Raised in a family of Chinese immigrants in Glendale, California, fourth-year physiological science student Christine Thang became the first person to attend college, naturally assuming her role as a beacon of success to her younger sibling and her younger cousins. As a first generation college student, she appreciated all the experiences UCLA offered, taking advantage of a wide range of research opportunities, campus organizations and academic courses. “I’m pre-med so knowing that UCLA Geffen School of Medicine is one of the top ones out there was a big factor [to come to UCLA]…UCLA has a strong record for academic excellence. It’s that competition that drives you forward,” explained Thang as she described the allure of UCLA.
Thang not only excelled in her classes, she delved into humanitarian programs that also embraced a health aspect to weave together her love of helping others and medical aspirations. “What I enjoyed most about Global Medical Brigades was that I wanted to do something that targeted underserved communities. I went overseas and really enjoyed what I did and meeting people outside my background. These people were Hondurian and they spoke Spanish. They almost see you as a full-fledged doctor…even though I’m not a physician,” described Thang about her experiences with the Global Medical Brigades in South America. Using her limited Spanish acquired from high school, she conversed with the locals, helping the community while learning about the medical field. “When I was there I liked talking to the community members and working with the foreign physicians.” The program not only ignited her passion to become a physician, it also inspired her to work more in her local community of Los Angeles.
Following her experience with the Global Medical Brigades, Thang began working with Mobile Clinic, a program that helped underserved communities. Allowing her to connect with this community, she described, “These undeserved communities [as] the ones you sort of ignore on the streets, they’re like [in the] the shadow of our society.” But Thang connected with these once invisible individuals in the homeless community, discovering that each person had his or her own tale to tell. While initially many of her patients she worked with were hesitant about talking to the students, she found that through gentle prodding and time their stories began to unravel. “Mobile Clinic makes us sit down and connect with another human being,” she stated. “It’s been really empowering to go out on the streets rain or shine.” Armed with a dedication to assist the most needy of the Los Angeles community, she helped bring medical aid to the homeless, which not only shaped their lives but also influenced Thang’s drive to enter the medical field. Motivated by her compassion for underprivileged communities, she said, “I want to continue volunteer work.” Gleaming with a passionate desire, she stressed her ultimate endeavor to join, “programs like doctors without borders that allow you to go out in the world and help.” Leaning toward primary care and pediatrics, Thang knew she wanted to go into a medical field that offered direct contact and real connections with patients. Her time with both Mobile Clinic and Global Medical Brigades played a large role in her mission to help people.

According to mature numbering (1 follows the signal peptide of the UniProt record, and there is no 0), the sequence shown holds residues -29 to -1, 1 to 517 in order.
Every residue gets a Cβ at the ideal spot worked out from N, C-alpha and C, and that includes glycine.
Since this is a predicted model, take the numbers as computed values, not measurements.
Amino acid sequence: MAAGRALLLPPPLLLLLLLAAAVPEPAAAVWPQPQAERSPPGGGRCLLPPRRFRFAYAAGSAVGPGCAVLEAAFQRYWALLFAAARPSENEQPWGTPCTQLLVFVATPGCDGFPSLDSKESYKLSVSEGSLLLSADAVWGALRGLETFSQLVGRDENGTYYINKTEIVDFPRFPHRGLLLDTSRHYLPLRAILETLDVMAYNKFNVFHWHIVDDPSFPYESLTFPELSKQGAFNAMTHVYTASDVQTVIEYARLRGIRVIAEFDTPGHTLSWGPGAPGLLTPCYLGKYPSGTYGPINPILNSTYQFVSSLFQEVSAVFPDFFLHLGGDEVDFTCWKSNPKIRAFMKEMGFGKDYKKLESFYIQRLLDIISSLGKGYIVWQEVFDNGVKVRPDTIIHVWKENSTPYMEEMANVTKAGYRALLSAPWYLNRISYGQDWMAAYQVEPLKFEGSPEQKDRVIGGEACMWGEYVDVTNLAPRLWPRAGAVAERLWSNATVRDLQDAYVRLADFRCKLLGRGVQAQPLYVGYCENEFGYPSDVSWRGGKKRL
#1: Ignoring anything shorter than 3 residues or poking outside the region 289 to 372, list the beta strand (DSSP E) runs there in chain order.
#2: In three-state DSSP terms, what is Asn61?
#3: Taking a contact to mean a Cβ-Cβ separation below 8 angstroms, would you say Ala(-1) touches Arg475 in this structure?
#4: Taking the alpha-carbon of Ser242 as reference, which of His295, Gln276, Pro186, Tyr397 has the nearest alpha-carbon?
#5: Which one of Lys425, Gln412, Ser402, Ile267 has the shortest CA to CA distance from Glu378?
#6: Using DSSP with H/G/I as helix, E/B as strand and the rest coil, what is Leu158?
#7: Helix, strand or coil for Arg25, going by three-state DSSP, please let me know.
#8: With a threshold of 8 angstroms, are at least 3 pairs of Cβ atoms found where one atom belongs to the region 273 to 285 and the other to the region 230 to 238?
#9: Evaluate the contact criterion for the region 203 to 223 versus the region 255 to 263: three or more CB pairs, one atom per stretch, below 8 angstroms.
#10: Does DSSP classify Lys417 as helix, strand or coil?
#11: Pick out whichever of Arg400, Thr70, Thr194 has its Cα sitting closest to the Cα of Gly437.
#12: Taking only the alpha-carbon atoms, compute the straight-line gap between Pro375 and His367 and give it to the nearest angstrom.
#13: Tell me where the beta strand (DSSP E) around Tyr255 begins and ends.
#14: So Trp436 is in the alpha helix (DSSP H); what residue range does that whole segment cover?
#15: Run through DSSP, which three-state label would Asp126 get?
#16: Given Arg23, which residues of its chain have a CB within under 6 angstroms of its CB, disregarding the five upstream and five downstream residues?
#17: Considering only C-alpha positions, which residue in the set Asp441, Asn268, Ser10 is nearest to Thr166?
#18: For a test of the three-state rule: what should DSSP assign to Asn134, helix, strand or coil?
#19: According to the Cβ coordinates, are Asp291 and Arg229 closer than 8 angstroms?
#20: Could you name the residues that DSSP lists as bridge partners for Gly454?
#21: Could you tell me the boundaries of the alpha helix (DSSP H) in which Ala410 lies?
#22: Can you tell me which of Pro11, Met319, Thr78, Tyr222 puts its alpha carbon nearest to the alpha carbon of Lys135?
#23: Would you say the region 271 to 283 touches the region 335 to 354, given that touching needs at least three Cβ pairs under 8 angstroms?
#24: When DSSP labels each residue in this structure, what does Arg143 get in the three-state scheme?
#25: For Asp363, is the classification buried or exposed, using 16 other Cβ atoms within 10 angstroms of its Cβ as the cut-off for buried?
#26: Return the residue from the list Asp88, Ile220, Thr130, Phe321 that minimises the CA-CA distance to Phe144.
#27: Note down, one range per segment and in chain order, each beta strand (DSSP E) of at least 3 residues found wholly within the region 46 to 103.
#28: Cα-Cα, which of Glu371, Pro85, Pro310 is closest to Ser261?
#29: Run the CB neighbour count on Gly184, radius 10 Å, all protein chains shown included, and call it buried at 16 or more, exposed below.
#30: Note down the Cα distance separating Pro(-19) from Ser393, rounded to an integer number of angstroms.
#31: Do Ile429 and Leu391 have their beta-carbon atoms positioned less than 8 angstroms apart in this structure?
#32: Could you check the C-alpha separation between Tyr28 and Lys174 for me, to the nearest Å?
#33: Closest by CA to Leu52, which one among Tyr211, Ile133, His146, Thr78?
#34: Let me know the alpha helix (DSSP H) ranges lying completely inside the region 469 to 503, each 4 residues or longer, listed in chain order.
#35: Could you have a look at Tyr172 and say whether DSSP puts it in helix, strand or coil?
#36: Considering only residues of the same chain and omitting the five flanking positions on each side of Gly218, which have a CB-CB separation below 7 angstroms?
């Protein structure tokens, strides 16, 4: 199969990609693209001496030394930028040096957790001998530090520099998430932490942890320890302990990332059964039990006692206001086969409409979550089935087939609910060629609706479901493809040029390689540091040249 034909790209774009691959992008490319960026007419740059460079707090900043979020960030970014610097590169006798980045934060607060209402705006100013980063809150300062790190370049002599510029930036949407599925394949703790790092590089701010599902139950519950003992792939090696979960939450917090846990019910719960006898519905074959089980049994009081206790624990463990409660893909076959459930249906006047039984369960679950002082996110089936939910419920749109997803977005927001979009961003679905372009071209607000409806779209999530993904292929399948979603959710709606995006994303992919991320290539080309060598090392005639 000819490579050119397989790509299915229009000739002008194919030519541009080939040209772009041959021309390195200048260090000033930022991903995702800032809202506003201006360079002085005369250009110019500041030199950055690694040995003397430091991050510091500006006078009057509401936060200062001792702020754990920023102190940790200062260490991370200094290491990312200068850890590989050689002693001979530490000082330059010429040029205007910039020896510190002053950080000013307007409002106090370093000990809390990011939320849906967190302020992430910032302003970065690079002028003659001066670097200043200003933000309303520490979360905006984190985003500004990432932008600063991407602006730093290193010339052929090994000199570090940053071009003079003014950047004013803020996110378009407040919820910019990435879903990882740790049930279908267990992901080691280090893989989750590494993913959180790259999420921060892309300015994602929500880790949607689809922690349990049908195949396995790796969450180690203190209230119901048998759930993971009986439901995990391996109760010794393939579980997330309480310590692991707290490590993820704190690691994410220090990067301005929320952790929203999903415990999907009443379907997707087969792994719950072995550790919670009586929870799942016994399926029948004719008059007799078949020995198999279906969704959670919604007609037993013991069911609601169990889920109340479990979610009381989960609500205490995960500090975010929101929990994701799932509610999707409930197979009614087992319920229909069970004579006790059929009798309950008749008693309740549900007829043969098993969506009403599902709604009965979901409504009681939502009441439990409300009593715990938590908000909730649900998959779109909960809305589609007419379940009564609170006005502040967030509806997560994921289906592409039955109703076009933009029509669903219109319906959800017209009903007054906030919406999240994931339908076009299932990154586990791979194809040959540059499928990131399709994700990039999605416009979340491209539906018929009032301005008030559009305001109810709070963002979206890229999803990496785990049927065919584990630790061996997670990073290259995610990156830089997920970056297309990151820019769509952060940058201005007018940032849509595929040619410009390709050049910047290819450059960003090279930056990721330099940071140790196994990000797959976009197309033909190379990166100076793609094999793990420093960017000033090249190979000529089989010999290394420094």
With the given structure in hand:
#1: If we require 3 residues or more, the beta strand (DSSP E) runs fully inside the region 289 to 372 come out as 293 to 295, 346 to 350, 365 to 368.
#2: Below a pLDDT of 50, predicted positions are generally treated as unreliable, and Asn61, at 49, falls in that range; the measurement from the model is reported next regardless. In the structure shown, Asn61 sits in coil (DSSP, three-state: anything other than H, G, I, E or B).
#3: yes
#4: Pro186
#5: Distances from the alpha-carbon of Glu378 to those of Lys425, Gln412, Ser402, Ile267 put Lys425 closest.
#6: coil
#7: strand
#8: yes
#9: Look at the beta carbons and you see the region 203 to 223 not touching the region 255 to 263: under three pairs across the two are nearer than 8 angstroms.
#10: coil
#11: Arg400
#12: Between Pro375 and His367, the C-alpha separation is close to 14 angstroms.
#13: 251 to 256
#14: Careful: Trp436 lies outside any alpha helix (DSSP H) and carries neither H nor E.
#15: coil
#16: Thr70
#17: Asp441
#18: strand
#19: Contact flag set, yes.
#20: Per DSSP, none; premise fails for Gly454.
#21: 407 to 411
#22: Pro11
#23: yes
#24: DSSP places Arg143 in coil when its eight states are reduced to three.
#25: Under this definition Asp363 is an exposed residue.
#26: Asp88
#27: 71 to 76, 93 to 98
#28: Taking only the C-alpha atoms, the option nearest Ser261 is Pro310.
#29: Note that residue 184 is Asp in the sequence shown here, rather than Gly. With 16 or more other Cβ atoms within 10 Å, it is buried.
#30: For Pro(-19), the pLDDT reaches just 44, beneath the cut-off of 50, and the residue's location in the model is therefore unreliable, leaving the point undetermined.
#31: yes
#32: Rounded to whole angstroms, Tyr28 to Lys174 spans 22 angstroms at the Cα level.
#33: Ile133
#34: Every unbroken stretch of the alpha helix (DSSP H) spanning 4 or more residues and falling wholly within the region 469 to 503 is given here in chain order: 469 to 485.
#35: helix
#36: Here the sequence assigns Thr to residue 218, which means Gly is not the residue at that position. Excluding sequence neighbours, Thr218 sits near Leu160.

Navigating between her academics and overwhelming extracurriculars, Thang carefully allotted time for each activity with the understanding of the commitments she made. With her time management skills and dedication to her work, she not only achieved academically on her transcript, but she also excelled in other activities. She worked countless hours in her research lab, exploring the science of spines. As a hospital volunteer, she gained valuable experience working, talking and connecting with patients. She uncovered her culture and heritage as an Asian American studies minor. “I know very little about being Chinese…but in class I found out that we have problems like every other race but at the same time the problems we do face but we aren’t the vocal type to put it out there. The problems that we do have…no one brings them to the forefront.” Her exploration of her culture inspired her to want to pursue involvement in the Asian American community as a doctor. But even amidst her hectic academic and extracurricular life, she found the time to explore new experiences. She said, “My freshmen year was full of a lot of firsts, and I thought my senior year would be a lot of lasts. But this year was also a lot of firsts. I went to UCLA basketball games…I participated in Dance Marathon… it’s a bittersweet ending at UCLA.” With a plethora of both academic and life experiences under her belt, Thang left college with a little bit advice for the incoming class: “It’s never too late to be involved in UCLA. UCLA has so many things going on at every single moment, you wouldn’t expect to love it but you do. Go and there and try new things.”